Porcelain gallbladder

Porcelain gallbladder refers to extensive calcium encrustation of the gallbladder wall. The term has been used to emphasize the blue discolouration and brittle consistency of the gallbladder wall at surgery but is often an incidental finding on multiple different imaging modalities. 

Patients are usually asymptomatic, and porcelain gallbladder is found incidentally on plain abdominal radiographs, sonograms, or CT images.

On ultrasound, the gallbladder demonstrates echoes and posterior dense shadowing, with usually poor delineation of the gallbladder wall itself. This could be mistaken for gas in the gallbladder wall (emphysematous cholecystitis).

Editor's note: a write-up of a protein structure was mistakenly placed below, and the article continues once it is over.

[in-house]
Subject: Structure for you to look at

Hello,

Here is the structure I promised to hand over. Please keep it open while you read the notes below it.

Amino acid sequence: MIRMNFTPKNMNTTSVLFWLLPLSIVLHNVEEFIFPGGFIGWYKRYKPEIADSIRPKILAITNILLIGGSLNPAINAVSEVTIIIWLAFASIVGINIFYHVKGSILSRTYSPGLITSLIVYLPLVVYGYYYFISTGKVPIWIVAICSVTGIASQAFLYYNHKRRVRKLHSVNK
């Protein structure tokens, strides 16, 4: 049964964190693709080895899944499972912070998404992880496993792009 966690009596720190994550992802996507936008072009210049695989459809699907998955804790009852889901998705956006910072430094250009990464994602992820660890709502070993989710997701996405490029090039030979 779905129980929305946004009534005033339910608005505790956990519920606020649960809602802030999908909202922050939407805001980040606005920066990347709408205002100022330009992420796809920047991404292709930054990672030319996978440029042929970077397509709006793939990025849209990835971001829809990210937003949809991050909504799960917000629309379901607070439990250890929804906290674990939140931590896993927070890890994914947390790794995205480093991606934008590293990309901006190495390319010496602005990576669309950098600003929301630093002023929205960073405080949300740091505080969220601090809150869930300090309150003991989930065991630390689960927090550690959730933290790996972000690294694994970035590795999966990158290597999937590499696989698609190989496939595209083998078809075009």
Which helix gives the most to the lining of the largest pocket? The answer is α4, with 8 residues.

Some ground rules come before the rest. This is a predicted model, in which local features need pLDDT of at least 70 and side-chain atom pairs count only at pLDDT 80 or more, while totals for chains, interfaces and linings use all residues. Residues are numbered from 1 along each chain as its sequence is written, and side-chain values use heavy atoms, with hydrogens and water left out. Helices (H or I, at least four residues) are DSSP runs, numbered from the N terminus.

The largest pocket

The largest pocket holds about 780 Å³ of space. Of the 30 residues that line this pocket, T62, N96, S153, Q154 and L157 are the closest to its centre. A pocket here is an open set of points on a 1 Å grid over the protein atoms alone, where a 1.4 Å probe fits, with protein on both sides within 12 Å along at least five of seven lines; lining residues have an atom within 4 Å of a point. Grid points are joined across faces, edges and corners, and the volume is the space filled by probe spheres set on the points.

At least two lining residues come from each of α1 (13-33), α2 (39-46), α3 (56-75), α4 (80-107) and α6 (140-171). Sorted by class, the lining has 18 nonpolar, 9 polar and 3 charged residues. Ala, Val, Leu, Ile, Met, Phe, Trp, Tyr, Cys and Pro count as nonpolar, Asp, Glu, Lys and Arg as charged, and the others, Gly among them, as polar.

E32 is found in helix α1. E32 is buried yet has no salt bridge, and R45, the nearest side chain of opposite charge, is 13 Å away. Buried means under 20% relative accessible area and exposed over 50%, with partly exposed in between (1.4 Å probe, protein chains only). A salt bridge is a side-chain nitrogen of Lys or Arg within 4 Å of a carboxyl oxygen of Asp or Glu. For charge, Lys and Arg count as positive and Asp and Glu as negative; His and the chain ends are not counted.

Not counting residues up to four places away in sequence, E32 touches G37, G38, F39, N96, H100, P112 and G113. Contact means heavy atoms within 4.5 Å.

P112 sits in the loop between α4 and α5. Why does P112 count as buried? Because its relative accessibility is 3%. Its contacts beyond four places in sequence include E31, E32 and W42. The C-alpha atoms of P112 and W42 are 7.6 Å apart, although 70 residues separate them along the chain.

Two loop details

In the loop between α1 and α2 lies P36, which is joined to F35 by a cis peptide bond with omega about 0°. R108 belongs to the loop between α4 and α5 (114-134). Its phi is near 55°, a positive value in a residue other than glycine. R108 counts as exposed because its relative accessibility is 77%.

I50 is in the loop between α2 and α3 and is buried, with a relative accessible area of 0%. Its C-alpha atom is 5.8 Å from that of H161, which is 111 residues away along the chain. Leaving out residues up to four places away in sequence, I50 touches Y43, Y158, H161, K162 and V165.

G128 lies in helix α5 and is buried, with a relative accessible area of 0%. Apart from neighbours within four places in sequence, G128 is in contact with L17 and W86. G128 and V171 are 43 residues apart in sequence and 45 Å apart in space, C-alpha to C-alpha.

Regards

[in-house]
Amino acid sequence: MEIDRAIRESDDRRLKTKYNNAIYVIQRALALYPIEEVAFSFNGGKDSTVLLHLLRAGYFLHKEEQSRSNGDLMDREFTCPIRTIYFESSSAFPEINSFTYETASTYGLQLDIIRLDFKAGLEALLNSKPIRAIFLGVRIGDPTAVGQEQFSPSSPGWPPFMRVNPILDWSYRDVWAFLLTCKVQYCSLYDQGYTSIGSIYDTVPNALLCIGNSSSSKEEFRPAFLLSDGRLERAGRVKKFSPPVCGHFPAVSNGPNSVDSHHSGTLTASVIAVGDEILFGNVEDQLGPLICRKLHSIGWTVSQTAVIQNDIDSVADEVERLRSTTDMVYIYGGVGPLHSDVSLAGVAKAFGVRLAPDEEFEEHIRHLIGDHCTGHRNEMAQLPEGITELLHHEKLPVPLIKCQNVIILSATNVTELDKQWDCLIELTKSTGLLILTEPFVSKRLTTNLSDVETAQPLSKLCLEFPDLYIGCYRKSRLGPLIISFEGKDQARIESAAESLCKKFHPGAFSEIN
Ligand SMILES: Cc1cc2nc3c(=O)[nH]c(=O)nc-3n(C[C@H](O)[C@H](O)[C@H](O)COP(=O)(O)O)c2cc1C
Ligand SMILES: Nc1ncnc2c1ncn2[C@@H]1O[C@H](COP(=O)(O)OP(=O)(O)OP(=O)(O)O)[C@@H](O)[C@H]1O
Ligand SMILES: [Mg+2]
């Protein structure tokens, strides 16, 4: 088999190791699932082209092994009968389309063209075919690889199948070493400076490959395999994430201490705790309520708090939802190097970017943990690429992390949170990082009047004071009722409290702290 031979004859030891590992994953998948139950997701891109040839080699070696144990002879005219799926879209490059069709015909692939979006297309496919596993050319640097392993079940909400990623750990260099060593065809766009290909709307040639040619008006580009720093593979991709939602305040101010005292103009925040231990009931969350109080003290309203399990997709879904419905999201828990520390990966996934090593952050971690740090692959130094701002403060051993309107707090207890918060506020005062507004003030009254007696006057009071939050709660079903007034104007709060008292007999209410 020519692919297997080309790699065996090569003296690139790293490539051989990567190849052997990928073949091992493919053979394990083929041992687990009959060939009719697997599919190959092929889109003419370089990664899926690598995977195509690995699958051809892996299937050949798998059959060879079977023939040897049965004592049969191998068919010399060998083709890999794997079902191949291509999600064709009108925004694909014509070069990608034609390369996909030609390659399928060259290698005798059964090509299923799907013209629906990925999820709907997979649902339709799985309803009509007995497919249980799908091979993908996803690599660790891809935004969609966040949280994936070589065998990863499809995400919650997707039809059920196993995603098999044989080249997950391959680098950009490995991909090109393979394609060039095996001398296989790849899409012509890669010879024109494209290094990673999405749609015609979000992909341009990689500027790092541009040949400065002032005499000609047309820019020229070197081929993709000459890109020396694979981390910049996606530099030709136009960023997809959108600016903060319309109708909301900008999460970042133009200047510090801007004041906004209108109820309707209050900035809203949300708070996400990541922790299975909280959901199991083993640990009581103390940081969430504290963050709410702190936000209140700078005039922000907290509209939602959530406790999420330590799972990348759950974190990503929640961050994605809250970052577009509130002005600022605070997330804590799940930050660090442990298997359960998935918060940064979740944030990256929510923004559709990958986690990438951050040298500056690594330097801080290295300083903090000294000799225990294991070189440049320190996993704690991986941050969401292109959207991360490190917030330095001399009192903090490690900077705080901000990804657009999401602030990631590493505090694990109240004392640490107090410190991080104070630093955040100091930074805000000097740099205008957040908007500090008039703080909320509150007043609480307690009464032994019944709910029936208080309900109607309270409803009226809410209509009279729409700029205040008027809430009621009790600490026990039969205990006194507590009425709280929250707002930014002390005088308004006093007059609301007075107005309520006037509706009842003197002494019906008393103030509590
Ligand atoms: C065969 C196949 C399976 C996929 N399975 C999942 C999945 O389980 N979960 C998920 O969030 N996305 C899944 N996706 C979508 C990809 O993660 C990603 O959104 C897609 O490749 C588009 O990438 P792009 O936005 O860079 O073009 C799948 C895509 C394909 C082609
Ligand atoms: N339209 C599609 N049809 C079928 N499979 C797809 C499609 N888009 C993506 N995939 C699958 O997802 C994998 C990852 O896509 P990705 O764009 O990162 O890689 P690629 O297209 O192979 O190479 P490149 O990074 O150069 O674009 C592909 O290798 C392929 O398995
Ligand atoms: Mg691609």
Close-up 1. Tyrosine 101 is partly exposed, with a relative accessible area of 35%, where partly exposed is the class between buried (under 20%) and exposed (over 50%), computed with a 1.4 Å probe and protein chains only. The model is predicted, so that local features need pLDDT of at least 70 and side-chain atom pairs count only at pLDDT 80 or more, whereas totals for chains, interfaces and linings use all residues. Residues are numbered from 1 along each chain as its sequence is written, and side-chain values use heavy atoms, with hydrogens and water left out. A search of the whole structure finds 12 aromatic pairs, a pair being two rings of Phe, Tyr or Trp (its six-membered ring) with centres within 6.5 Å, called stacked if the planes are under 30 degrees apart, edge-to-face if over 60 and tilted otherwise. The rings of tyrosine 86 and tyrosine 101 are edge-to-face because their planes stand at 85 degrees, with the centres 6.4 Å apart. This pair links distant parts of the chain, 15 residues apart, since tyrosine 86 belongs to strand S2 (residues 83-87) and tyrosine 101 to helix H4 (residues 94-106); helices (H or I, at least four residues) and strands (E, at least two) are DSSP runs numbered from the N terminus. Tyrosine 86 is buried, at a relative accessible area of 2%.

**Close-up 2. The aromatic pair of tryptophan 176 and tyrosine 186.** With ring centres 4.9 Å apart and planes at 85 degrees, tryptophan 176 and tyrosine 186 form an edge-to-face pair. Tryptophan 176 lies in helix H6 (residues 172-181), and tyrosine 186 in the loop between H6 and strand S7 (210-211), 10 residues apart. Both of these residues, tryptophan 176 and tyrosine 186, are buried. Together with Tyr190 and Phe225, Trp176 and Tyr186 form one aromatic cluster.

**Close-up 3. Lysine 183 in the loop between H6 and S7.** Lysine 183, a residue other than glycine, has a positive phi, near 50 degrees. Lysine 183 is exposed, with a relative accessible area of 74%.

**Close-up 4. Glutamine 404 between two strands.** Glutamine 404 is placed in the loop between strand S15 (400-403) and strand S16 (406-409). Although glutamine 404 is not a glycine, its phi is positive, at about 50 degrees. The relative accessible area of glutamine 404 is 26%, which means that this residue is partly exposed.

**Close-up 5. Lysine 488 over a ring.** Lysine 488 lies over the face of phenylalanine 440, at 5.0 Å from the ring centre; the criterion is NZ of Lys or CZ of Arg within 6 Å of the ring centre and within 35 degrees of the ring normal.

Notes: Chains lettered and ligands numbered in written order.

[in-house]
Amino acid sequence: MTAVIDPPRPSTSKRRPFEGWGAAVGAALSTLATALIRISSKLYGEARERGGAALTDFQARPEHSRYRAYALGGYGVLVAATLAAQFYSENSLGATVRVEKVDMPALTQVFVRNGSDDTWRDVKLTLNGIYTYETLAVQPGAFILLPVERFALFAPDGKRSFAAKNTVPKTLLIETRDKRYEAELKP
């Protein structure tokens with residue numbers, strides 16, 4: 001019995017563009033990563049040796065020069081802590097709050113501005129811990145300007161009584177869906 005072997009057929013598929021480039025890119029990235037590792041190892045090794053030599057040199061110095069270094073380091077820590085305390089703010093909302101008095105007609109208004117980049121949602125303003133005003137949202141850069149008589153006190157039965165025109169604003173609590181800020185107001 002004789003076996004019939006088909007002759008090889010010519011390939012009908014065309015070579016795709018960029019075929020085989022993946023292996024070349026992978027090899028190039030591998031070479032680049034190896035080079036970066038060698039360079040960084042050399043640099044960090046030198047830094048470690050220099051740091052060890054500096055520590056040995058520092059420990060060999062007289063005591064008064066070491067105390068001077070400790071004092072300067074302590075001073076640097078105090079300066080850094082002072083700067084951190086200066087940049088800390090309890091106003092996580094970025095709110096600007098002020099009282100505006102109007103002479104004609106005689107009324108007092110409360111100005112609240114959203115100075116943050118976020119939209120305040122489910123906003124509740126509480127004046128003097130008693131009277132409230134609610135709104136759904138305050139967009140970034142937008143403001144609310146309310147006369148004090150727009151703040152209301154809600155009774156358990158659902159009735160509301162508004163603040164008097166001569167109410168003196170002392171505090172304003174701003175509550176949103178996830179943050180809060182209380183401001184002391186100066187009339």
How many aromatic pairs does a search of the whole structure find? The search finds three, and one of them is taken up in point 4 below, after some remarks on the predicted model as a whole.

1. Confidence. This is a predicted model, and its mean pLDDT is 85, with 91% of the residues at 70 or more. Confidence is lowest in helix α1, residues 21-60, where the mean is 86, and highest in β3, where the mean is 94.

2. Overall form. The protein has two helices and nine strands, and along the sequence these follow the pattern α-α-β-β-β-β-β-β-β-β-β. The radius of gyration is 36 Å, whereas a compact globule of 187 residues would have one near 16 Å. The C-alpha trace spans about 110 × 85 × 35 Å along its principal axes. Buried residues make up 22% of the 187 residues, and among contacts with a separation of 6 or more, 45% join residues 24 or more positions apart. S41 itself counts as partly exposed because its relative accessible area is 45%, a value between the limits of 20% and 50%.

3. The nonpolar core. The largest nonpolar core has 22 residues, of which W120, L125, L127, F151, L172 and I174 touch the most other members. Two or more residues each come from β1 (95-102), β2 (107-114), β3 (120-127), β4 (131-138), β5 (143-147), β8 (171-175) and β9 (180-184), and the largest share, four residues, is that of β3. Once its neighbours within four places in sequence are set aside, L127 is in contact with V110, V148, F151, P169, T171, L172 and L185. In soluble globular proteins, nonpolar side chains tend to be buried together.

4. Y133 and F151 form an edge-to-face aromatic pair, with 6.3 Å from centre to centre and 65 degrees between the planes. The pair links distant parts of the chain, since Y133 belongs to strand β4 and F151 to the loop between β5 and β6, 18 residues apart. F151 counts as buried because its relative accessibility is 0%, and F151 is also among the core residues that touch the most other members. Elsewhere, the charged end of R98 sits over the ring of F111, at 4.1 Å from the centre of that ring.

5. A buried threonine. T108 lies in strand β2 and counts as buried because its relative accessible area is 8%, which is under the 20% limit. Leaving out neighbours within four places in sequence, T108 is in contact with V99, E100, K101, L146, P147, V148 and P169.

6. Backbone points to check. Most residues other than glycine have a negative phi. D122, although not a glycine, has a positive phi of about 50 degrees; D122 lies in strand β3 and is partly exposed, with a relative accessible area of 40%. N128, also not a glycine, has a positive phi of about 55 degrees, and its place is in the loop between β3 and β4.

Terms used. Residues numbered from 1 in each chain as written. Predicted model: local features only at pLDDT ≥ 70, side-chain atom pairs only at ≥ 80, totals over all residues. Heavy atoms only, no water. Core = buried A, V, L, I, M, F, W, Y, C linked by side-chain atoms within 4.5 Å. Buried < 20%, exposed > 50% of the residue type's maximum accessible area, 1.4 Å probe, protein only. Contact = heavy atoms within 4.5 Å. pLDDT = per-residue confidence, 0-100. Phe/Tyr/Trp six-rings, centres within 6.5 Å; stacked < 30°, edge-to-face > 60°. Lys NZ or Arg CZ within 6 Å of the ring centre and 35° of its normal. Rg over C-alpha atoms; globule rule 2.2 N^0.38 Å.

The appearance of porcelain gallbladder on both radiography and CT are pathognomonic, demonstrating a thin layer of mineralisation outlining the gallbladder wall. 

Because of MRI's inferior ability to detect calcification, relative to CT, it does not play a significant role in imaging the condition.

Based on early studies which revealed a high association between porcelain gallbladder and gallbladder adenocarcinoma (22-30% of porcelain gallbladders developing gallbladder adenocarcinoma 3), cholecystectomy has been routinely performed when a porcelain gallbladder is identified.

More recent studies have cast some doubt on the association, and the risk of gallbladder cancer associated with calcification of the wall may be 5-7% 1,4

There is no accepted follow-up interval, but annual incidence of developing gallbladder cancer is likely to be <1% per year, and CT follow-up is likely unhelpful 4.

On ultrasound, also consider:

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rID: 12408
Section: Signs
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